Joye Brown has been a columnist for Newsday since 2006. She joined the newspaper in 1983 and has
'Nobody used the front door," a woman who once lived at 12 Prospect Dr. in Brentwood said Wednesday. Instead, tenants -- and she only knew of three who shared a carved-up first floor -- walked in and out of the building through a side entrance.
That was five years ago. But the woman, who did not want her name printed, had no problem taking pen in hand to draw a diagram of which apartment was where. She said there was an upstairs and a basement. But she didn't know how many people lived there. She remembered her rent -- $475 a month -- and that she had paid a broker's fee.
Only later, she said, would she discover electric outlets that did not work. And rats. Which is why, ultimately, she decided to move.
Rah-quan Palmer, 18 months old, and his parents would come to settle at 12 Prospect Dr. years later. As it turns out, the building they called home wasn't what it appeared to be.
According to Islip Town officials, the house has four owners, two of them apparently husband and wife. Since 2001, one or more of the owners has shuttled the deed back and forth among themselves, officials said.
Islip has a thick file on the property. And with good reason. Every time the town received complaints from tenants or neighbors -- about rat nests, black mold, green mold, garbage, water leaks, broken sinks or a filthy pool -- officials said they acted.
They had to work to gain access, most often through tenants rather than owners. Once inside, they would photograph alleged violations in plain sight.
From there, it was off to district court, more than once since 2005, where an owner would appear and agree to make fixes. When inspectors returned to check, they would find work in progress or complete, officials said.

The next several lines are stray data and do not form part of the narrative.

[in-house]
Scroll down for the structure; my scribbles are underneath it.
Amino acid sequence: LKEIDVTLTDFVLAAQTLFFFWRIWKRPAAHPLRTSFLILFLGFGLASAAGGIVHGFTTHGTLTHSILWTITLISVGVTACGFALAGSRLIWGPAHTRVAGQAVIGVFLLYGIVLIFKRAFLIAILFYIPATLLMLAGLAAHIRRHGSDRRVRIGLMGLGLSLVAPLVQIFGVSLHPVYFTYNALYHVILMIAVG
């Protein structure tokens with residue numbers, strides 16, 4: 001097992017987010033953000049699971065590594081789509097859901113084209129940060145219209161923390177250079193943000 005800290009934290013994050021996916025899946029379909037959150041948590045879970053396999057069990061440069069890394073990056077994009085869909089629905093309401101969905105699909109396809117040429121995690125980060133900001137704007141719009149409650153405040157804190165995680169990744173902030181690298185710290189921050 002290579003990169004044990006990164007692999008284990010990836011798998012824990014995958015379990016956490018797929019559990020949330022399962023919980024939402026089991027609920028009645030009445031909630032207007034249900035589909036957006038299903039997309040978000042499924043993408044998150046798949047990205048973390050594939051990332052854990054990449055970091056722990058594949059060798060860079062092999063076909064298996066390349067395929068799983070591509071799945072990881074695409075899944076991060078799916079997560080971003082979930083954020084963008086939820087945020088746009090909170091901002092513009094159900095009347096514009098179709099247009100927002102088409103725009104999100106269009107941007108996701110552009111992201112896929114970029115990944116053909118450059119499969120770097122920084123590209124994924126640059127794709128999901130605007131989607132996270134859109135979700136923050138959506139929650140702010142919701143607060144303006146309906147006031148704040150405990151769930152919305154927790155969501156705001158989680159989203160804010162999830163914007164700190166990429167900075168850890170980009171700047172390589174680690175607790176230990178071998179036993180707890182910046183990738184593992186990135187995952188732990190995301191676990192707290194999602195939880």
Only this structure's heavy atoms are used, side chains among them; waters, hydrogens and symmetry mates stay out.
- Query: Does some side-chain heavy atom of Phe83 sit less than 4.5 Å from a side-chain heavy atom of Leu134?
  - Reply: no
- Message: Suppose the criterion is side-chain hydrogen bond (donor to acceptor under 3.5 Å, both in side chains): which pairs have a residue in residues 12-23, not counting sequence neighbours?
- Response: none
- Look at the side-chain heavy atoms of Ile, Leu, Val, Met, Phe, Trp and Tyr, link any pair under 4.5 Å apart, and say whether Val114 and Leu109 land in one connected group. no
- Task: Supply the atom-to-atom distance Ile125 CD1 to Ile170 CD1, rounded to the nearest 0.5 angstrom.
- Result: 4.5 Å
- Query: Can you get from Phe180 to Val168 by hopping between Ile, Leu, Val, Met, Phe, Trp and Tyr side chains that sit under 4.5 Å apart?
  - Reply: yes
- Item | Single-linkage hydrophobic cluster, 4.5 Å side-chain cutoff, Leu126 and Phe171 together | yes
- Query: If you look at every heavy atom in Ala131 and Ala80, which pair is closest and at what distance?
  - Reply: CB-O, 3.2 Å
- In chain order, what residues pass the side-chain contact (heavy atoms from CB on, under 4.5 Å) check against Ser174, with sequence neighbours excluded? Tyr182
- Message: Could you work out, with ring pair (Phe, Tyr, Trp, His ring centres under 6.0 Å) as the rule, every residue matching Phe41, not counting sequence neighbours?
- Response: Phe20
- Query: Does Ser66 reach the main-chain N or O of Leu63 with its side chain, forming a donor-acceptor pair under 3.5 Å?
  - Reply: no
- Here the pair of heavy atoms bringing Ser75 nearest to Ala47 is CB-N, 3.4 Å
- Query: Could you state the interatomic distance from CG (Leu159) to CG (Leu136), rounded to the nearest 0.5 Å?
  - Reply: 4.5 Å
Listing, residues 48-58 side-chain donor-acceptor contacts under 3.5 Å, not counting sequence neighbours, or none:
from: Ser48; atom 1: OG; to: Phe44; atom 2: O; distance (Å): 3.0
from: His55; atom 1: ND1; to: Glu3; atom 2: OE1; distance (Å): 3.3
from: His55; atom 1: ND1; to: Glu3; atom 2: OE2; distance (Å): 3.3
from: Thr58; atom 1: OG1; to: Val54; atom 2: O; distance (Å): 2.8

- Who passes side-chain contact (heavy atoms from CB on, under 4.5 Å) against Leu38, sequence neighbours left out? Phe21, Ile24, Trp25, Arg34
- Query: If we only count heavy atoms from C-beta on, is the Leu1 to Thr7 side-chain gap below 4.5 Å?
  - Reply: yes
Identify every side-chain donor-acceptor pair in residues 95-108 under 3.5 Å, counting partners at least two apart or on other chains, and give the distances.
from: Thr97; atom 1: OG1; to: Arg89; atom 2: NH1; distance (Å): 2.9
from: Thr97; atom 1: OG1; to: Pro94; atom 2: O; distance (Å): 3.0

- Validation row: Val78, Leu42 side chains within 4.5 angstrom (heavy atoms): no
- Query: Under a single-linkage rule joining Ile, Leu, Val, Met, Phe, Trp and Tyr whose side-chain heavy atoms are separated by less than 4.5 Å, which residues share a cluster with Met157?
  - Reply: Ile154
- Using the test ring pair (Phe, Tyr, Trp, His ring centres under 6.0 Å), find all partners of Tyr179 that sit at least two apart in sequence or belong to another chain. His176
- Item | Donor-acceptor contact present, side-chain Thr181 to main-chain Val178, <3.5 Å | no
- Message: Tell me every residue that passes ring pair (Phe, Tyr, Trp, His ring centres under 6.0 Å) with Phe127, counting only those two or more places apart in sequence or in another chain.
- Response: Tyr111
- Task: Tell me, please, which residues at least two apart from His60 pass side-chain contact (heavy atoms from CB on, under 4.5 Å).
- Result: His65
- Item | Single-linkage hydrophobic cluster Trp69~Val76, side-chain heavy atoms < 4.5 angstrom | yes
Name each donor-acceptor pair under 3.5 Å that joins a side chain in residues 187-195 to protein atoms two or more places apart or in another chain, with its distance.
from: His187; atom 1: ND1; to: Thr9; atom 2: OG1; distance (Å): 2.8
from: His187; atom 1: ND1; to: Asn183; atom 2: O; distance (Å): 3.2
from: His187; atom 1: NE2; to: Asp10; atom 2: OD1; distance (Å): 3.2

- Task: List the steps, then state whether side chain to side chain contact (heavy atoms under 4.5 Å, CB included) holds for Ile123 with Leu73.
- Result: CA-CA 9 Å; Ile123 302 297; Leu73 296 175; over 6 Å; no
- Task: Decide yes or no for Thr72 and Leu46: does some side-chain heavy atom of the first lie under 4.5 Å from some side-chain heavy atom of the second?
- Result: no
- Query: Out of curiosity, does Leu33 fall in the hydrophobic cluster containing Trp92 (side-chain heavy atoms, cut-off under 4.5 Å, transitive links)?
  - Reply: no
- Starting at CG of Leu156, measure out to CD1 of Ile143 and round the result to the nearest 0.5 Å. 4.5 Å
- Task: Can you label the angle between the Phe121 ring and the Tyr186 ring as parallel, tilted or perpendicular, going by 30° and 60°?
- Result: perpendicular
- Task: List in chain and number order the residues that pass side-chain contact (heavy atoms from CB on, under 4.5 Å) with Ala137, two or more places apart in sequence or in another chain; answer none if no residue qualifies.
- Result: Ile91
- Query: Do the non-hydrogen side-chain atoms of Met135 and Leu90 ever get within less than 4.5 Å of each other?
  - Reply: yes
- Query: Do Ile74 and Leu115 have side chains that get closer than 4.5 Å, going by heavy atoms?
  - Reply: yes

"They would rip out sinks, make repairs, but over time everything would go back to where it was and sometimes worse," said Inez Birbiglia, the town's spokeswoman. "It was frustrating because we were doing what we were supposed to do."
She said the number of rooms in the house apparently increased over the years. In 2005, tenants said they paid from $350 (for a room in the cellar) to $1,600 a month.
More recently, officials said they found eight padlocked doors. Yesterday, tenants said they used the locks to protect property in their rooms.
Islip's system was built to keep absentee landlords from carving single-family homes into mazes, destroying neighborhoods and endangering lives.
In this instance (as in too many others on Long Island), the benefits of running an unlicensed boardinghouse trumped the cost of fines and temporary fixes. "It wasn't a house," Birbiglia said, "it was a profit-making center."
Rah-quan was said to be smiling on Tuesday before the house's two propane tanks -- for which there were no required permits -- exploded.
Debris rocketed so high that clothing still hung from trees Wednesday; so wide that a wall bowed in on the house next door while a single work boot rested against a fence across the street.
Four building residents; a plumber and a State Farm insurance representative working in the house; two neighbors; seven police officers and two firefighters were injured as a result of the blast, police said.
Wednesday, a woman added a white teddy bear and flowers to a memorial on the fence surrounding a pile of rubble where a police officer had found Rah-quan, run with him to her patrol car and rushed the boy to a hospital.
That's where Rah-quan, last seen by his family smiling at 12 Prospect Dr., was pronounced dead.